Photo by Pixabay/S. Hermann & F. Richter
There’s a primitive satisfaction to making beads from natural materials and forming colorful strands of assorted shapes and textures. Little has changed since our distant ancestors fashioned beads from wood, nutshells, seashells, stone, bone, seeds, clay, and berries. Beads of all kinds have served people since ancient times as adornment, talismans, symbols of wealth or class, and spiritual identification. The word “bead” can be traced back to the Old English word for “prayer,” but the object itself goes back farther still.
Aromatic beads are nothing new, either; many of our great-grandmothers had rose beads tucked away in a dresser drawer or Sunday purse. Back then, these scented mementos might have been produced in a convent, to which brides would send the roses from their wedding bouquets to be made into rosaries.
Besides rose petals, any fragrant plant material that can be reduced to a fine powder or puree—herbs, flowers, spices—can be fashioned easily into beads. I’ve tried lavender, lemon verbena, sage, lemon balm, peppermint, and rose. The differences in hue and scent among these materials lend the beads a great deal of earthy charm. Herb beads can be strung alone or in combination with whole spices such as cardamom, star anise, tonka bean, nutmeg, or cinnamon; adding a few drops of essential oil will enhance and prolong their aromatic life.
What You’ll Need
- Strongly aromatic plants and high-quality essential oils make the best beads.
- 1/2 cup herb leaves or flowers, fresh or dried
- Water (if using dried material)
- All-purpose flour
- 15 drops essential oil to match or complement the herb
How To Do It
- Strip off leaves or petals and discard stems and other coarse or nonaromatic parts. Puree fresh plant material in a food processor, blender, or old-fashioned meat grinder. A food processor breaks down herbs faster than any other method and can be used to finish blending the dough as well. You can finely mince the herbs with a sharp knife instead, but the finished beads will be coarser than those made from a puree or powder. Process dried herb leaves or flower petals in a blender or spice mill, or rub the leaves across the bottom of a fine-mesh wire sieve until you have a fairly uniform powder. Unless plant material is processed into a fine powder or smooth pulp, coarse beads will result.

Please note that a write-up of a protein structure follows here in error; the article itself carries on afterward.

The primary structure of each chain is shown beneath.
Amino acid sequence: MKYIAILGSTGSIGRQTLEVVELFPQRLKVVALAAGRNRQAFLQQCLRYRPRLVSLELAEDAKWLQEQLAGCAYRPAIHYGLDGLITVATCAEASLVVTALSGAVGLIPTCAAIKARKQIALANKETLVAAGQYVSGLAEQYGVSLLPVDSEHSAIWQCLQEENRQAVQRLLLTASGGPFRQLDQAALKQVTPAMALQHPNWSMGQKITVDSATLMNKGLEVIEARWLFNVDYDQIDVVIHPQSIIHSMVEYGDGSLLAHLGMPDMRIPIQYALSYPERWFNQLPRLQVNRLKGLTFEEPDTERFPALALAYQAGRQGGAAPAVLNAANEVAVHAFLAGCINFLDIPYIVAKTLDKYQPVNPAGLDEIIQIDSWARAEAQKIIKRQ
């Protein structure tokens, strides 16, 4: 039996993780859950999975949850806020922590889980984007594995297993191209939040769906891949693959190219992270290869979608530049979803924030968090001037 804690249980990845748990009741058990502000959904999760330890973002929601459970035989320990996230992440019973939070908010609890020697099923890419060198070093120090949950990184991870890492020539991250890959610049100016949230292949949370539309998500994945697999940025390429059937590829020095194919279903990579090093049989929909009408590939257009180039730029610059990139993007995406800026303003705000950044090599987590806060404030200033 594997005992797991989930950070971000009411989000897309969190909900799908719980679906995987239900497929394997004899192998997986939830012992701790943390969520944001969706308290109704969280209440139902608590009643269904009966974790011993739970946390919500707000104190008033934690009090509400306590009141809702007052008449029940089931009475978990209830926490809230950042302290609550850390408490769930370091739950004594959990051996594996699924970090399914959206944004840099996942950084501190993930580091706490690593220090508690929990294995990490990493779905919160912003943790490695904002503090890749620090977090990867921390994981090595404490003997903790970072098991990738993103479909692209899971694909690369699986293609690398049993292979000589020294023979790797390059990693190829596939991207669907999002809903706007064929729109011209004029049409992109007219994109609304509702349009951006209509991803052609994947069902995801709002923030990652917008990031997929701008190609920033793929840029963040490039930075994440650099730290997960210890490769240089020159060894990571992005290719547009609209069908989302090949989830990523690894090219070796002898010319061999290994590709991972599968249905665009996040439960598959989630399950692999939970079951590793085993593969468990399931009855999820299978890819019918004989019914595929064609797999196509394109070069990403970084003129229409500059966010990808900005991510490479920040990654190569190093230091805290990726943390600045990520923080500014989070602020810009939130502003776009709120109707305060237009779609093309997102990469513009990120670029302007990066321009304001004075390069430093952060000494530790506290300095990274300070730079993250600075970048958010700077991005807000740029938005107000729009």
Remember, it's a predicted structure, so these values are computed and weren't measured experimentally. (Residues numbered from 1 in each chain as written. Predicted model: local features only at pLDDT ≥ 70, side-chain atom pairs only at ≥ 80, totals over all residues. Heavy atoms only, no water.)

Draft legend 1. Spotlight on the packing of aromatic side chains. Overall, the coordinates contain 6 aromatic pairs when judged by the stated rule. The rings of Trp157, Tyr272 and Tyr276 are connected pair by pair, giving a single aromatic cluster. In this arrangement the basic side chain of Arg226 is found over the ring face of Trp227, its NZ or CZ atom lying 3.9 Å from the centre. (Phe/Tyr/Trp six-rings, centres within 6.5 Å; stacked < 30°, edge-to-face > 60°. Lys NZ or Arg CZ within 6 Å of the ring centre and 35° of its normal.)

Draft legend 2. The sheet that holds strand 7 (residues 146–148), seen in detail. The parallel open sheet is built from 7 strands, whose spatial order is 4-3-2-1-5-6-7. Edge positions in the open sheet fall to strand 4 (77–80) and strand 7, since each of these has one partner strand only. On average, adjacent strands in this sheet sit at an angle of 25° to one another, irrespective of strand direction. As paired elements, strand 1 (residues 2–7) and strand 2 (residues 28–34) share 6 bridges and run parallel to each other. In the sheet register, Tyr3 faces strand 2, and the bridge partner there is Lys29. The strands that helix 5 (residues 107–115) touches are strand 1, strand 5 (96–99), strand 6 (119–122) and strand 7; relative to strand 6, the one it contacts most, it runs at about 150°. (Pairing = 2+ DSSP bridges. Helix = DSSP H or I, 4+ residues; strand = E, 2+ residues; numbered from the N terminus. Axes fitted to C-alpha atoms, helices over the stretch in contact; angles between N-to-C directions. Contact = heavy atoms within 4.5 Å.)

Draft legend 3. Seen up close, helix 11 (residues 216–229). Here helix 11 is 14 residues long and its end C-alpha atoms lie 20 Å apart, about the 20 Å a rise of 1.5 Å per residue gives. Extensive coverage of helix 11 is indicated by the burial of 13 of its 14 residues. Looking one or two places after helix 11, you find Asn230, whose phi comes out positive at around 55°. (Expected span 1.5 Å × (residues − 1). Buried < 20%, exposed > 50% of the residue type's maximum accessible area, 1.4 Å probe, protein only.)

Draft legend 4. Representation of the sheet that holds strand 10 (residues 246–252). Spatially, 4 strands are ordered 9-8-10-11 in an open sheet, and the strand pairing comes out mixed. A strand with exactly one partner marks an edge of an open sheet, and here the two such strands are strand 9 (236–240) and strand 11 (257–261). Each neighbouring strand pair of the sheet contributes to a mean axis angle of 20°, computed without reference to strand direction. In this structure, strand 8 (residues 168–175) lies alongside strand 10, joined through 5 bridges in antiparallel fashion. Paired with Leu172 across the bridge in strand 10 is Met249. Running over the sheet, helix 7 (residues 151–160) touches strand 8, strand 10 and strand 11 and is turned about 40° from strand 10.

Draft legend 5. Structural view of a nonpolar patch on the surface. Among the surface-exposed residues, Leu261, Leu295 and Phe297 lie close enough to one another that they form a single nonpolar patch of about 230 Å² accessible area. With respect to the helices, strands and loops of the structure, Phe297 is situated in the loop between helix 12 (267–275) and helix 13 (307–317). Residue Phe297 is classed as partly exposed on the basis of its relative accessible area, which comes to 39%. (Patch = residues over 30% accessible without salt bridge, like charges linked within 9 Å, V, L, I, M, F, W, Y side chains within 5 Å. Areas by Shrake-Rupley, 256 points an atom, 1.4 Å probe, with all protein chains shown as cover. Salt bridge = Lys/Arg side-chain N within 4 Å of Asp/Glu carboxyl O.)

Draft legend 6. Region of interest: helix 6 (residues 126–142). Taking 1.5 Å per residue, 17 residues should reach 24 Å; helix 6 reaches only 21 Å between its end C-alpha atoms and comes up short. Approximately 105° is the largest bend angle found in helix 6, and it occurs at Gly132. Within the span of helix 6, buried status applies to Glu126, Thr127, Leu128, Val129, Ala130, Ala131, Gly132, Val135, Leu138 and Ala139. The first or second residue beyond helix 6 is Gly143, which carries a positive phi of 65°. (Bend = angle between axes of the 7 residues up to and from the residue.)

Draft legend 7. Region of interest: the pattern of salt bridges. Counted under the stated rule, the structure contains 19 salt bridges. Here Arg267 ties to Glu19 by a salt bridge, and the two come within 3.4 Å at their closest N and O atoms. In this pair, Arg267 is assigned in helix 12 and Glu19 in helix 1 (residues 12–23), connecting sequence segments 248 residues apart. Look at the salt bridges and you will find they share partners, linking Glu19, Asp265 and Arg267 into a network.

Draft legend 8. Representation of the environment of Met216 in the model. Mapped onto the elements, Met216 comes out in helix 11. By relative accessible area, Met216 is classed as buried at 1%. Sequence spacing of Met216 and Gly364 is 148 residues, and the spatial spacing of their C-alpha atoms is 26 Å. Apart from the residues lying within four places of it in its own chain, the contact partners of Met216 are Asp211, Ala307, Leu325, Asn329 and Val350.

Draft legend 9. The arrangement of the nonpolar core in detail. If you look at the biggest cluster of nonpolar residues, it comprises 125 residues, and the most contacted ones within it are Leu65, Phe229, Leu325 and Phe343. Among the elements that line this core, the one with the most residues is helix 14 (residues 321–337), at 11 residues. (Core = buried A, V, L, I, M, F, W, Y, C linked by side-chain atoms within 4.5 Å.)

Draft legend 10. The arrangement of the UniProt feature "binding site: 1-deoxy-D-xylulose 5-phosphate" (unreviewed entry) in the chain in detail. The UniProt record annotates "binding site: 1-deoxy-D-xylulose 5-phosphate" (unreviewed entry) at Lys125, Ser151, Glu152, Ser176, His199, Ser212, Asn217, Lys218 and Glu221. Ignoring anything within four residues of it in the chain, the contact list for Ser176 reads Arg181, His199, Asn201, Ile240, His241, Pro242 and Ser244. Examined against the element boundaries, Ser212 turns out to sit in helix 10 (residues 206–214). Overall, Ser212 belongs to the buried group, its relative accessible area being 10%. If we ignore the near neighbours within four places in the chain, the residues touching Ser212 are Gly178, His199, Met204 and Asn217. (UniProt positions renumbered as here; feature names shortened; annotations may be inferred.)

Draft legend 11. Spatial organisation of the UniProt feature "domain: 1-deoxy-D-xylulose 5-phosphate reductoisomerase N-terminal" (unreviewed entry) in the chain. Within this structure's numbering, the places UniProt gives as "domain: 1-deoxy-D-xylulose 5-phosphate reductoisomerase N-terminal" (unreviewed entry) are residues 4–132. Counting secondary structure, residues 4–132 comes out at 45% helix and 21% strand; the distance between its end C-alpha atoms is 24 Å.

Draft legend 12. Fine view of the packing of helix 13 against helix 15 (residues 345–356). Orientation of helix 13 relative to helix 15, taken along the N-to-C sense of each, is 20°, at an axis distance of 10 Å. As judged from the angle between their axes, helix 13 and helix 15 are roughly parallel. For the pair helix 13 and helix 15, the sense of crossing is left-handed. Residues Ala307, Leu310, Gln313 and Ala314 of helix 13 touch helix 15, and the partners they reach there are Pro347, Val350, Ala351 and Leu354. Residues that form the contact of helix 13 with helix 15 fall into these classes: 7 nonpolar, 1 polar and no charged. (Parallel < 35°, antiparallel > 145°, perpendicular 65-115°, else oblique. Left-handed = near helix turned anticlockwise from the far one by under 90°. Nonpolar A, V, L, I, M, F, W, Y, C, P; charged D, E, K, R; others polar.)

- Add 3 to 4 tablespoons of flour to the plant material, and enough water, starting with 1 tablespoon (if using dried herbs), to make a smooth dough. These are approximate amounts; you’ll need more flour if you’re starting with a soupy puree, and more water if the herb powder is very dry. When blended, the dough should be the consistency of children’s craft clay. If it seems too soft, add flour in small amounts to improve it; if too stiff, add a little water; if too coarse or crumbly, try adding both flour and water until the dough is workable. Don’t add essential oil yet: it evaporates too quickly during blending.
- Pinch off bits of dough and roll them into beads between your palms, or roll a long “snake” (this always brings back memories of my childhood) and slice off uniform lengths, then shape them into beads. Work with a light touch and keep your hands clean to prevent the dough from sticking to them. Essential oil can be added at this point, or after the beads are dry. When sizing the beads, remember that they will shrink a bit as they dry.
- String the beads using a large darning needle and heavy carpet thread. Leave at least 6 inches of thread bare to allow room for sliding the beads as they dry. Tie a big knot or a button at the end to keep the beads from sliding off.
- Hang strings of beads to dry in a warm, airy place away from direct light and heat. Drying takes three to four days, depending on weather and bead size. Slide the beads up and down the string periodically to keep them from sticking to the string or each other. Store dried beads in an airtight container to preserve their scent until you’re ready to assemble a necklace. String the beads with beading thread or dental floss for strength and durability.
Kate Carter Frederick grows, eats, cleans with, makes things out of, sells, and writes about herbs from her home in Knoxville, Iowa.